Playing very much like the highly regarded Thunderforce IV, Gate of Thunder represented a turning point for the PC Engine/TG-16 CD-ROM format. So long the recipient of sub-par ports and lackluster titles, the system was given a much-needed shot in the arm with this stunning shooter. Hudson and NEC promoted the game heavily when it was published in the US, bundling it with the hardware and famously declaring that Sega was ‘running scared’ because such quality games were starting to appear on a rival CD-based machine.
After sitting through the fantastic animated introduction sequence you’re thrust into one of the most intense and enjoyable blasters ever produced for NEC’s console, or any other machine for that matter. The graphics are nothing short of breathtaking; at times they even eclipse those found in Thunderforce IV (arguably the benchmark for visual splendor on the Megadrive/Genesis) and often surpassing the best the SNES has to offer (this is from what is essentially an 8-bit console, remember!)
The gameplay is fairly standard stuff – there’s nothing here that will shock or surprise veterans of the genre – but it’s the way everything to put together that truly impresses. Not a second of screen time is wasted – every encounter is challenging and demanding whilst retaining an element of fairness. You never blame the game for your mess-ups. The weapon system is balanced perfectly, too.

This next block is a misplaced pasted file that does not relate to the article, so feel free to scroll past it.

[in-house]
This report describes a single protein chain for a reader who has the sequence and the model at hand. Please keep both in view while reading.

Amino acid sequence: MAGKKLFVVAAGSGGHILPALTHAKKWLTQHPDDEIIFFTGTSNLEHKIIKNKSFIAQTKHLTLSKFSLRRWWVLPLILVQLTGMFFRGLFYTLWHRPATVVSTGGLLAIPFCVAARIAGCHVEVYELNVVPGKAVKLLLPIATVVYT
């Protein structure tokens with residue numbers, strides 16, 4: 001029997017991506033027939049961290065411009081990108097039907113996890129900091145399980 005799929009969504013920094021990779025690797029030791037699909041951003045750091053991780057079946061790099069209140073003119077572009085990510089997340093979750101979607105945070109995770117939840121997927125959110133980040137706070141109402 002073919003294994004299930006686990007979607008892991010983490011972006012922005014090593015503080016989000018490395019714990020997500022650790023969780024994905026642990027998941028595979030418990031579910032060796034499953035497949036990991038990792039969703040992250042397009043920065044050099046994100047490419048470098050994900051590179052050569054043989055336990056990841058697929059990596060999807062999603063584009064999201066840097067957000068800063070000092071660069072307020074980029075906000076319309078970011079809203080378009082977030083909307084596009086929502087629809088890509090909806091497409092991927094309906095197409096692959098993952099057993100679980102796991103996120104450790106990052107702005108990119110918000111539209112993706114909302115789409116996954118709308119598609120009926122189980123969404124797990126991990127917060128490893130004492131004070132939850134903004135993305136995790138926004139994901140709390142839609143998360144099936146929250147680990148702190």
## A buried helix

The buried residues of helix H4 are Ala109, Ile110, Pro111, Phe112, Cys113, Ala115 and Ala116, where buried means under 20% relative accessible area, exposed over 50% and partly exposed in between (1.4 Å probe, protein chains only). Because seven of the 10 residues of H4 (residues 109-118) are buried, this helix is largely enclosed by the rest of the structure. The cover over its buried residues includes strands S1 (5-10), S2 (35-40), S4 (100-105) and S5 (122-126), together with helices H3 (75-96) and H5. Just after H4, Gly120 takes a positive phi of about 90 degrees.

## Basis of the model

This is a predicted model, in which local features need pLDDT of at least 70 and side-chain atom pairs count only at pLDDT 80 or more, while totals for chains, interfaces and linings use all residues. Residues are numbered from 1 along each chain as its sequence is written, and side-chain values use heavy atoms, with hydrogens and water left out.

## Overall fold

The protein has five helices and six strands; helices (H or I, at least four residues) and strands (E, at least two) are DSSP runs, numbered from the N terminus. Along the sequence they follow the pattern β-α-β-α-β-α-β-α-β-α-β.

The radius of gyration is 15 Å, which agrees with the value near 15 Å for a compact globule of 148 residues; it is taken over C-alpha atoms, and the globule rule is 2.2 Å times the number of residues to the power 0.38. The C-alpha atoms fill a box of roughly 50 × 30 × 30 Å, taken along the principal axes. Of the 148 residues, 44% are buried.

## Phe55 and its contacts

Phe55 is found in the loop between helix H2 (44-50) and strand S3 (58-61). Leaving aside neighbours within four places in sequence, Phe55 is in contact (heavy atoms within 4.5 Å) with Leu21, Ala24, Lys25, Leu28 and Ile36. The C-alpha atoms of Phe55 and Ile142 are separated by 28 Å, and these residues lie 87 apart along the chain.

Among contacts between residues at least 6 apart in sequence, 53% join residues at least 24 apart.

Add to this a fantastic hard rock soundtrack, some brilliant boss designs and loads of top-quality cut scenes and you have a shooter that is quite simply essential. Lords of Thunder (AKA: Winds of Thunder) was released soon after and is seen as the semi-sequel to GoT, even though it has a completely different setting. Debate still rages as to which is the best out of the two, but for the time being at least you can discover why people make so much fuss about this superlative title. Highly recommended.